Drawing, Iceberg and Ice Flower, 1859; Frederic Edwin Church (American, 1826–1900); Brush and oil, graphite on paperboard; 30.6 × 51 cm (12 1/16 × 20 1/16 in.); Gift of Louis P. Church, 1917-4-296-b; Cooper Hewitt, Smithsonian Design Museum; Photo: Matt Flynn © Smithsonian Institution

Botanical Expressions 

Through Jan. 10, 2021

Interpretations of botanical forms wind their way through the decorative arts of the late 18th through the early 20th centuries. Botanical Expressions focuses on key figures—Christopher Dresser, Emile Gallé, William Morris, and Louis Comfort Tiffany—whose knowledge of the natural sciences and personal practices of gardening enriched their creative output as designers. A timeline of objects reflects botanicals in form and pattern, highlighting shifting styles across geography and media in textiles, ceramics, glass, wallcoverings, and more. Significant loans from Smithsonian Libraries include illustrated guidebooks that designers used for natural research and drawing instruction.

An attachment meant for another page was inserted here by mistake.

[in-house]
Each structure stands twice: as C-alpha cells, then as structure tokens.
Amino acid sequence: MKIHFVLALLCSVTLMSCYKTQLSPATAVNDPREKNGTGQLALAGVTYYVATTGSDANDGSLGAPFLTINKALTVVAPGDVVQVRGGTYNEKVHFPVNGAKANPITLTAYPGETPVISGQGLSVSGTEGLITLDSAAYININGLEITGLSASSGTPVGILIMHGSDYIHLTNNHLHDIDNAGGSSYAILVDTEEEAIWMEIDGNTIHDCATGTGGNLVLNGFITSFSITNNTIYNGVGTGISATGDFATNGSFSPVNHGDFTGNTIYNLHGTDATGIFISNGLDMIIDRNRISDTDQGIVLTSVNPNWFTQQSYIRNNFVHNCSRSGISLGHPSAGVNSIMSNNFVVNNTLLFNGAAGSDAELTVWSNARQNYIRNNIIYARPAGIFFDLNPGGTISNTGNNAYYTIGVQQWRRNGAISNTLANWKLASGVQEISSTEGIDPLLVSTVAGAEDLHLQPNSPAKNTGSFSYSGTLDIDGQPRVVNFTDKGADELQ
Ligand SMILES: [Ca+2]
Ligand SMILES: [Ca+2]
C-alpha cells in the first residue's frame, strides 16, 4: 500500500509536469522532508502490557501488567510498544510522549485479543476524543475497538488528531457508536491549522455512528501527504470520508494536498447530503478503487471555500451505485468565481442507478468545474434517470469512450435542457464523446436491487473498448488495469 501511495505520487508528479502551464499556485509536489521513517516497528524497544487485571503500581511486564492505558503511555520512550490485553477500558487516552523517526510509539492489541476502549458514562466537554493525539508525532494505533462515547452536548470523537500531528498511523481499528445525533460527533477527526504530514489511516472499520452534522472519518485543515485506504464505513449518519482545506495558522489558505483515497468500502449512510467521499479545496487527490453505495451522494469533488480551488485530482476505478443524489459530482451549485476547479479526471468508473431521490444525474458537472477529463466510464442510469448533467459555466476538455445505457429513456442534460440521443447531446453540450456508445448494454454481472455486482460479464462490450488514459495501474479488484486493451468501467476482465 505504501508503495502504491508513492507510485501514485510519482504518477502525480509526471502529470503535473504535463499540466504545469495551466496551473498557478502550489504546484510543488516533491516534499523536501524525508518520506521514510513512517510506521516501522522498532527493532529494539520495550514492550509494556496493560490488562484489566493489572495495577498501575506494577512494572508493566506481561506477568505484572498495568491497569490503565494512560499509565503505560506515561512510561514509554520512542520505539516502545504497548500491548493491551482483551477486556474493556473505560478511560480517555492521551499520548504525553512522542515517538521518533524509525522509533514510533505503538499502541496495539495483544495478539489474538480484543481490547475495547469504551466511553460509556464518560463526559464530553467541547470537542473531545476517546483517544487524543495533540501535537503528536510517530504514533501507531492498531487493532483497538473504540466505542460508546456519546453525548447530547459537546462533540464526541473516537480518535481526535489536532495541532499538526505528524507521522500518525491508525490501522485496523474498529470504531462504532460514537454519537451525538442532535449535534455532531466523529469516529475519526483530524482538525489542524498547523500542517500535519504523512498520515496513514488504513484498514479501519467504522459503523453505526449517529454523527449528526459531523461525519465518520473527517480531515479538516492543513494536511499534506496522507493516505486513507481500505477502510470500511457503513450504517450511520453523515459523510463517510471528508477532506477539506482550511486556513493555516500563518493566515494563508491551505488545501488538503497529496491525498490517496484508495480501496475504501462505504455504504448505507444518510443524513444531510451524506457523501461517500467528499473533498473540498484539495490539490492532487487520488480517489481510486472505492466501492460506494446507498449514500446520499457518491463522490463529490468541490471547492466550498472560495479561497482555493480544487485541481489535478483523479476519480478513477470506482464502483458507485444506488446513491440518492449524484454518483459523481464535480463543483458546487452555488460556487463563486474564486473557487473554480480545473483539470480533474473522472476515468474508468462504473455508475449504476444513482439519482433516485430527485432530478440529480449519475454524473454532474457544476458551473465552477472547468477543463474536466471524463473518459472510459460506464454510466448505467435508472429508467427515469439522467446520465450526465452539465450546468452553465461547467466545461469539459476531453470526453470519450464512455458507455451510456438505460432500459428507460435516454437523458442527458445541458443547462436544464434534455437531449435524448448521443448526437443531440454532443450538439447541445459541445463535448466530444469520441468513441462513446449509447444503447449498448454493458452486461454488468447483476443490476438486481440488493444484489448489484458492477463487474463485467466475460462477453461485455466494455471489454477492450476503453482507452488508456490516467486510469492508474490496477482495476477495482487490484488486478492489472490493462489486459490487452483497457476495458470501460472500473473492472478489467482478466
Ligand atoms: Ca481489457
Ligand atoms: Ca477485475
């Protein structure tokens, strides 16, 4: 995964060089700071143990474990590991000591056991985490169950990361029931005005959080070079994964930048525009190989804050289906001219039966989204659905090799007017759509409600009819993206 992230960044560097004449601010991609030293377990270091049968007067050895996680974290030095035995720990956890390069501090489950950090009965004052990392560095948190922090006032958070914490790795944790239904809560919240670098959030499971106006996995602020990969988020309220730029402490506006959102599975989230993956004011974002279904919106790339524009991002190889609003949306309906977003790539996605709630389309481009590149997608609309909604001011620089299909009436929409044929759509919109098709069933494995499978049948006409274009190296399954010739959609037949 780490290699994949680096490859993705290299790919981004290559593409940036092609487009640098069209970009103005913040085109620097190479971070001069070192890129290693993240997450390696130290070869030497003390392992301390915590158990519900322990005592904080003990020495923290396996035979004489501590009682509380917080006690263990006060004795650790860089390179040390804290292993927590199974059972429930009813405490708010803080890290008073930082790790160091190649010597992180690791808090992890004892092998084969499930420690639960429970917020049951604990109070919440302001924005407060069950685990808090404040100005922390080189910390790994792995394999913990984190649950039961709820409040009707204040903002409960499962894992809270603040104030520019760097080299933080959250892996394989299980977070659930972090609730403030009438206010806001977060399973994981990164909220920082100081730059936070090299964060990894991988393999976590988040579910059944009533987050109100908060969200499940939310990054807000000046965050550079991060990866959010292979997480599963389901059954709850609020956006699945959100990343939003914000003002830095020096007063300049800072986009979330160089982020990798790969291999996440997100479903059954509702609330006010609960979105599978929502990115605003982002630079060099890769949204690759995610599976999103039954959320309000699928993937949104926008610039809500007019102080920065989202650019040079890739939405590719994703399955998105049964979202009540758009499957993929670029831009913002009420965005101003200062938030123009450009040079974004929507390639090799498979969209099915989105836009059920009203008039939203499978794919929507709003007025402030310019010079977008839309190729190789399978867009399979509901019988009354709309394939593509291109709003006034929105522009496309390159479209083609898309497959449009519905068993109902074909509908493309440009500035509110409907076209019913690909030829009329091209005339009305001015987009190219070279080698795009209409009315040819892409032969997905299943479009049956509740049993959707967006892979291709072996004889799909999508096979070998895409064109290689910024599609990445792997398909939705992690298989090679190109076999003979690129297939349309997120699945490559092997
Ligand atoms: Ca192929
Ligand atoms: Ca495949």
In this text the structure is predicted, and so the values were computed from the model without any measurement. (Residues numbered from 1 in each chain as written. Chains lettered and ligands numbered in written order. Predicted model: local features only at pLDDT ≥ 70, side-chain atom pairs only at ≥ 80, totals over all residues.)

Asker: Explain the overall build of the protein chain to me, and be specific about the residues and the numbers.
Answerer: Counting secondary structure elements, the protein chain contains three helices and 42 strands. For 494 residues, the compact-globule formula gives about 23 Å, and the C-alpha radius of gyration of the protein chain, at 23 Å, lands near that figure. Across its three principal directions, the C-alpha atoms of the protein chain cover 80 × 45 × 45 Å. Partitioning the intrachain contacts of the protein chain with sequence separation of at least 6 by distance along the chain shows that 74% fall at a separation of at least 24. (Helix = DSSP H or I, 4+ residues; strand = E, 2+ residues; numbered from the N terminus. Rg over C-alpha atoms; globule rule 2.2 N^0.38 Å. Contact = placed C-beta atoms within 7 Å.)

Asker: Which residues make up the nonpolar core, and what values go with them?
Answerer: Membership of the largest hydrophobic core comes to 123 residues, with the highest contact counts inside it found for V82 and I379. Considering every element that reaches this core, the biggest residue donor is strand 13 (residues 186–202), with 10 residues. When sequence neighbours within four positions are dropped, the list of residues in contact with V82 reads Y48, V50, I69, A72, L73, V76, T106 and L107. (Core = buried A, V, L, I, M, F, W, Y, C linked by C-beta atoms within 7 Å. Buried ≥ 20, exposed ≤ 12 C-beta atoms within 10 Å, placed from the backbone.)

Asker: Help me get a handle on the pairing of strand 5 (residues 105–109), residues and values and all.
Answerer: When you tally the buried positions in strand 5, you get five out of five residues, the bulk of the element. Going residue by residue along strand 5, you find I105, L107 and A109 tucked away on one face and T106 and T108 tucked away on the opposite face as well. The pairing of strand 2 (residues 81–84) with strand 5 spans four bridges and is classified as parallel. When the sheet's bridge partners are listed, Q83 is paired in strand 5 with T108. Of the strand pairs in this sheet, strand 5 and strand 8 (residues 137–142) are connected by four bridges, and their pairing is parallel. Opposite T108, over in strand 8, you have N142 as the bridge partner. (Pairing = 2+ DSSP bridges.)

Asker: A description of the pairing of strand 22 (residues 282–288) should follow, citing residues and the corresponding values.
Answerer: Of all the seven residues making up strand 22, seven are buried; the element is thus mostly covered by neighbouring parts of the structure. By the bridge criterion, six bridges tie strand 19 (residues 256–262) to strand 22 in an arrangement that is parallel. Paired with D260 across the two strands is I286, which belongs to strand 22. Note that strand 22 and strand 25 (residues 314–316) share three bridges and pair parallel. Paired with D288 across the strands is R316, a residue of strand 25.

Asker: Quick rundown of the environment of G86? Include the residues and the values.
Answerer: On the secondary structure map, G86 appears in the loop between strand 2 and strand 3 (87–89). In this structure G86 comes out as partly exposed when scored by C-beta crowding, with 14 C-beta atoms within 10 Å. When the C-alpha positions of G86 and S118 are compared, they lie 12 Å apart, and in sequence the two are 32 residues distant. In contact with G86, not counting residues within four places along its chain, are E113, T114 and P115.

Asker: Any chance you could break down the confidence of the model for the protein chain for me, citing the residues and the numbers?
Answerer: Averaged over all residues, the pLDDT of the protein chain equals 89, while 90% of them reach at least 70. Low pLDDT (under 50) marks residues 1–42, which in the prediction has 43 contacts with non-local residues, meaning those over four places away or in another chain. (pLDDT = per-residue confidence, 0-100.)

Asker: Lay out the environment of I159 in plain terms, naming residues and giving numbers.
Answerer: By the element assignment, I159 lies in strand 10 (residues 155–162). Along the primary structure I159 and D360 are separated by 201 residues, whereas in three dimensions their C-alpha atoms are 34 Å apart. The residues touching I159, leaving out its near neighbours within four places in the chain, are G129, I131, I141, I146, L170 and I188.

In the galleries of Cooper Hewitt is displayed a large, old fashioned book with its pages open. Behind the book is a case with a set of 12 porcelain plates with botanical models painted on them. Behind the case, printed in jumbo scale on the wall, is a botanical illustration of a flowering plant with pink flowers. Two butterflies with black and yellow wings flutter around the flower.

Bathing Beautiful

Through May 25, 2020

A delightful 20th-century wallpaper with a watercolor-like illustration would imaginatively transport a bather under the sea.

Scenic wallpaper, Sea Beauties, 1920-1935. Made by Ideal Wall Decoration (Germany), distributed by The Prager Company (Worcester, Massachusetts, USA). Lithograph print on paper, 169.2 x 105.7 cm (66 5/8 x 41 5/8 in.) each panel, Cooper Hewitt, Smithsonian Design Museum, Gift of the family of Victor S. Robinson, Salem, New Jersey, 2004-16-1/3. Photo: Matt Flynn © Smithsonian Institution

Nature by Design is made possible by major support from Amita and Purnendu Chatterjee. Additional support is provided by the Cooper Hewitt Master’s Program Fund.

Gallery view showing a selection of textiles and objects on display, with pink variegated wallpaper surrounding the room.
Experiments in Digital Manufacturing with Cochineal
This project summary was compiled by José de la O (Studio José de la O) and Christina De León, Associate Curator of Latino Design at Cooper Hewitt. Grana vs. La Máquina, or “Cochineal vs. The Machine,” was an academic project initiated by the School of Architecture, Art, and Design at Tecnológico de Monterrey, Mexico City,...